Why This Project?

Growing up, I was completely unaware that water was a social issue in African-American communities. Because I never struggled with access to water, I assumed that neither did anyone else. I was familiar with what happened in Flint, but I thought it was an isolated incident. It wasn’t until taking this class that I realized what a pressing issue water is. This project was made with people like me in mind. It is intended to get people to think about what water means to them and to others, and to look at where those perspectives both converge and diverge. Showcasing the viewpoints of others is one of the key points of emphasis of this project, as just knowing that there are water crises is not enough. 

A common problem that activist efforts face is that they are spearheaded by individuals outside of the affected community, and these leaders, though meaning well, focus on what they think the community needs instead of what it actually needs. Any solution that does not take into account the needs of all it intends to serve, especially the marginalized among them, is bound to fail. For instance, a solution that implements backups and quarterly inspections to ensure the integrity of water systems would be counterproductive if doing so caused a spike in water prices that made it unaffordable to lower-income residents. In solving one problem, another is worsened. Even worse, poorly considered activist projects can often sour communities to the prospect and lead to skepticism regarding future, potentially more effective, efforts. A better solution might include financial assistance or even incentives (such as tax breaks or increased federal funding) to ensure that the cost of upkeep doesn’t get pushed onto the consumer. Another idea would be to include a council of community leaders that have some authority to raise grievances and lobby for change to ensure the community’s voices are heard regarding future water issues. Both of these, while not perfect, take into greater consideration the actual needs and voices of those the solution is supposed to help.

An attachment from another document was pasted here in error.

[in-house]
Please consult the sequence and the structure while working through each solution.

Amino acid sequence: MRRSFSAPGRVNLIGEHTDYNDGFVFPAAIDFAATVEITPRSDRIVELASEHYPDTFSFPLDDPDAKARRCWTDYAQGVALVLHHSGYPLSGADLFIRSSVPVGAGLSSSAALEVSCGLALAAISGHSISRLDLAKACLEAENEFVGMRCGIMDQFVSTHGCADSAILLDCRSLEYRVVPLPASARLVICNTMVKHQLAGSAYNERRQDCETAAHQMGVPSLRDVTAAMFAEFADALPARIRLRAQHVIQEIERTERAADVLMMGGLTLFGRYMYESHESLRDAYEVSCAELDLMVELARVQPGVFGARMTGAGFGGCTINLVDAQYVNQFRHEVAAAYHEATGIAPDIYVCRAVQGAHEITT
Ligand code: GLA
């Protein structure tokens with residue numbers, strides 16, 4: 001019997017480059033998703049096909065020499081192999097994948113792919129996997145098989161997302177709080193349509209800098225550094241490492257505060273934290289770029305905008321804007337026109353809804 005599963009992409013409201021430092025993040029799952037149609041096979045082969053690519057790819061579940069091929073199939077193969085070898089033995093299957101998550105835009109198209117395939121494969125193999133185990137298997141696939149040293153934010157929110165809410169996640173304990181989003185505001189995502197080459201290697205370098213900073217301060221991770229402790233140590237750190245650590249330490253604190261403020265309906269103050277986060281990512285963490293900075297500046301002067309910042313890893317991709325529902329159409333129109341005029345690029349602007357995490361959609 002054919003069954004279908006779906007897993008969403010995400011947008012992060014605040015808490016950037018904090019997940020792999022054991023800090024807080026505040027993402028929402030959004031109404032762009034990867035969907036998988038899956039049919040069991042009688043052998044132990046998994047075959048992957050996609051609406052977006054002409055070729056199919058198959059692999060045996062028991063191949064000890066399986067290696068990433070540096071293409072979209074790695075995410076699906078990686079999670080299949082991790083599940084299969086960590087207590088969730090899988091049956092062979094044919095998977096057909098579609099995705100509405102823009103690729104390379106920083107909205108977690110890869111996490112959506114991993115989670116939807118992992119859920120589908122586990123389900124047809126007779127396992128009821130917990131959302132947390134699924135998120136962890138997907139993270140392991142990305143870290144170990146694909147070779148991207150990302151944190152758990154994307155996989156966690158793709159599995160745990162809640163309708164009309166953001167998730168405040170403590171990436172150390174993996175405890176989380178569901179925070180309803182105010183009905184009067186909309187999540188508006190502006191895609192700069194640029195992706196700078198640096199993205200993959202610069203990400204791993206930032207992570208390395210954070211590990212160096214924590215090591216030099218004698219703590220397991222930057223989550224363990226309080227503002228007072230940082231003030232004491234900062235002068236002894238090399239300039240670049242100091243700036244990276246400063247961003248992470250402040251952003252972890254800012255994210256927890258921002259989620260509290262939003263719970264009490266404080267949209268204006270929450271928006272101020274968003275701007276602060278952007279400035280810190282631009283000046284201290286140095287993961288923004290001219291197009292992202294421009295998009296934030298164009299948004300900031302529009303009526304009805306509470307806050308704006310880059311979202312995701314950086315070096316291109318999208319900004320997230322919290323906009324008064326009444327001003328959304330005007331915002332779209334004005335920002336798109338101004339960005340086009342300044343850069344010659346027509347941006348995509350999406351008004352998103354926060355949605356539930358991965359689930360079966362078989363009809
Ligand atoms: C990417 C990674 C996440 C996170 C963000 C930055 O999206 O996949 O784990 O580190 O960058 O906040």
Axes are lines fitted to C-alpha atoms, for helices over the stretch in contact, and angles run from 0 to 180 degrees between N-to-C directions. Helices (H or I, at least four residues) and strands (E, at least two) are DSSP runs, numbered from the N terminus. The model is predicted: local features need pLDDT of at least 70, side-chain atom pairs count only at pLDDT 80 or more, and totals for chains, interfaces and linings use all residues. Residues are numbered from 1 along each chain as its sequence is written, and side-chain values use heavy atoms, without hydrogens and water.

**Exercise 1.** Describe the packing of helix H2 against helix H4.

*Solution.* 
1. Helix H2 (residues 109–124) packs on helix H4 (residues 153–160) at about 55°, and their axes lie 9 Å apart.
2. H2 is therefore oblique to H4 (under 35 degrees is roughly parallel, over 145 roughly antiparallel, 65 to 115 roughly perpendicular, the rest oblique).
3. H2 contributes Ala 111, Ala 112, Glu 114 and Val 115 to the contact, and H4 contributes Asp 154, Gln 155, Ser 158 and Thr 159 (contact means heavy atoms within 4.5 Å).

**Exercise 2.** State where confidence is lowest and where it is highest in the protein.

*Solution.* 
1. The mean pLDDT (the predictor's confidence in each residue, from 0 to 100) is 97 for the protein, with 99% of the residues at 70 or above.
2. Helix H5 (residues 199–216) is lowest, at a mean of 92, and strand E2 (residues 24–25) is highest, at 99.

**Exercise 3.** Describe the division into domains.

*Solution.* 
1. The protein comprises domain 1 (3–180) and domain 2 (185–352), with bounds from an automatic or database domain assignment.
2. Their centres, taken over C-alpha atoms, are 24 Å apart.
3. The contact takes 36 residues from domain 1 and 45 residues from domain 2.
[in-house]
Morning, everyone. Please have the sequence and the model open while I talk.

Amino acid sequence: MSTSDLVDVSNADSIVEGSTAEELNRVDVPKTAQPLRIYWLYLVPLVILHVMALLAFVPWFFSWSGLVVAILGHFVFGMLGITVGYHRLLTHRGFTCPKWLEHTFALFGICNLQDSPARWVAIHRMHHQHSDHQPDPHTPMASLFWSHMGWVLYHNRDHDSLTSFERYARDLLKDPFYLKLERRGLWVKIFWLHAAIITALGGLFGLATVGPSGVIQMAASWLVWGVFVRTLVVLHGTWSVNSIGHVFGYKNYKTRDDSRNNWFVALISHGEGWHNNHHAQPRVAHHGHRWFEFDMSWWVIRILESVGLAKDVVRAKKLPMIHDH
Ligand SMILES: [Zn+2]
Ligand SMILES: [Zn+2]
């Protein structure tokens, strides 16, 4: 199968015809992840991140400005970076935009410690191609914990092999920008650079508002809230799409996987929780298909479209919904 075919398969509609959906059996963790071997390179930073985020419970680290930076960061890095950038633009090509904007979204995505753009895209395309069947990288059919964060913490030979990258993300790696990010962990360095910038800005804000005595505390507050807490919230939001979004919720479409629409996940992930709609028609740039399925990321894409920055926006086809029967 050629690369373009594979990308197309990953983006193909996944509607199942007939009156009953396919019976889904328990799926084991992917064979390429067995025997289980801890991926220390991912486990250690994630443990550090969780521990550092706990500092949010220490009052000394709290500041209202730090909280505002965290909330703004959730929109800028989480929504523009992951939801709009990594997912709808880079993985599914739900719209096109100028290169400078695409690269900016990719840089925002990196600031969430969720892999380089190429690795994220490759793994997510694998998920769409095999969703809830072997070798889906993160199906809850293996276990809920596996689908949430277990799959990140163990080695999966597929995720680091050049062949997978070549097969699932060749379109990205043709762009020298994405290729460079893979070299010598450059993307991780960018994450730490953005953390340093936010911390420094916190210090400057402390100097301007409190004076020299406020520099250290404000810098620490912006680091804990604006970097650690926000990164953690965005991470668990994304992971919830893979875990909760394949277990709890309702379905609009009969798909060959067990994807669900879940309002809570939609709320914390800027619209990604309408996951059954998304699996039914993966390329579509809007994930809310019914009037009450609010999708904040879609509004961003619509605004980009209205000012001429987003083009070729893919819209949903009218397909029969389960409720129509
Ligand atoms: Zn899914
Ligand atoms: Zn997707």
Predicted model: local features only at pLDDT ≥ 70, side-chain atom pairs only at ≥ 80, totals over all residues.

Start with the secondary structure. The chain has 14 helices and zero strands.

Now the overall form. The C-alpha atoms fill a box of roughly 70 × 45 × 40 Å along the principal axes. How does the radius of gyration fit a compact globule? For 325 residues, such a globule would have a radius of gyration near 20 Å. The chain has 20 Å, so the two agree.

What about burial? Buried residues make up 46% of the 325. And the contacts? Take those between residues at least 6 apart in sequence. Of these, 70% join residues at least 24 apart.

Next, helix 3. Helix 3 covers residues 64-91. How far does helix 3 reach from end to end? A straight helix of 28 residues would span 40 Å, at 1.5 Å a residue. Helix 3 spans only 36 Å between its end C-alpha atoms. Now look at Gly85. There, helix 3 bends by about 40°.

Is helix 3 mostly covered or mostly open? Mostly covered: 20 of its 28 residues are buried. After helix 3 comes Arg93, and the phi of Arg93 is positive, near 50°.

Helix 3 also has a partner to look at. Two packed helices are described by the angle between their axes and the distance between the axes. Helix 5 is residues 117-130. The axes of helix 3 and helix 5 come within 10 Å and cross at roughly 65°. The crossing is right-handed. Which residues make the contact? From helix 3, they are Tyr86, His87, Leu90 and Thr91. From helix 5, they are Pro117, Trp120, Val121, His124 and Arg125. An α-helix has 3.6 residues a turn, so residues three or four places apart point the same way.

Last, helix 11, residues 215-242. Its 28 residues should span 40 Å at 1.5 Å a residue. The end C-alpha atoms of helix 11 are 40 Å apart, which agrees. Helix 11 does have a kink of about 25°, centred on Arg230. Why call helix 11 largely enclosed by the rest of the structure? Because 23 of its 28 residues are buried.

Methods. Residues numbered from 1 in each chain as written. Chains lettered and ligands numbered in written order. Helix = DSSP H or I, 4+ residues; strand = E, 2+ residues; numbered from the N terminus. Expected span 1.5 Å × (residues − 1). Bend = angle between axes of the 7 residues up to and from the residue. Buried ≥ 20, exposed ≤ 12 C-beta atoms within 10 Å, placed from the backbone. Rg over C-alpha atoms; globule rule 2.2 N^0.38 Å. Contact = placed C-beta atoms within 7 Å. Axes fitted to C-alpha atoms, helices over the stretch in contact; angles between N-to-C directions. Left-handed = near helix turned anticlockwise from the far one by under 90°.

The Indianapolis-based Reconnecting to Our Waterways (ROW) is a good example of an effort that prioritizes community involvement. ROW is an initiative that works “to improve the quality of life and ecology along Indianapolis waterways and surrounding neighborhoods” (“Reconnecting to Our Waterways”). Community engagement is an integral part of ROW’s work, as its model is built around the community and collective impact. LaShawnda Crowe Storm, a member of ROW’s Steering Committee, visited our class and spoke about the effort they put into making sure that they meet with the community and hear their voices. She mentioned a particular instance in which they moved meeting times and allowed parents to bring their children to make sure that as many people could attend as possible. On top of this, ROW makes it a point to evaluate its own structure and operation to ensure equity and inclusion. Because of this, they have been very effective, putting together 210 environmental projects and 195 educational events since 2012 and creating 22 miles of trails along the way (“Reconnecting to Our Waterways”). The effort ROW puts into encouraging engagement from the communities it serves is something that all similar organizations should seek to emulate.

My hope is that this project plants the seed of consideration in peoples’ minds by, from their first exposure to water as a social issue, emphasizing that listening to the experiences of those affected by these crises is inseparable from actually learning about and addressing them. Obviously, this project does not delve deeply into the personal experiences of people who have faced water struggles (at least not the interactive part of it), but it is intended to ensure that the audience remains mindful of them.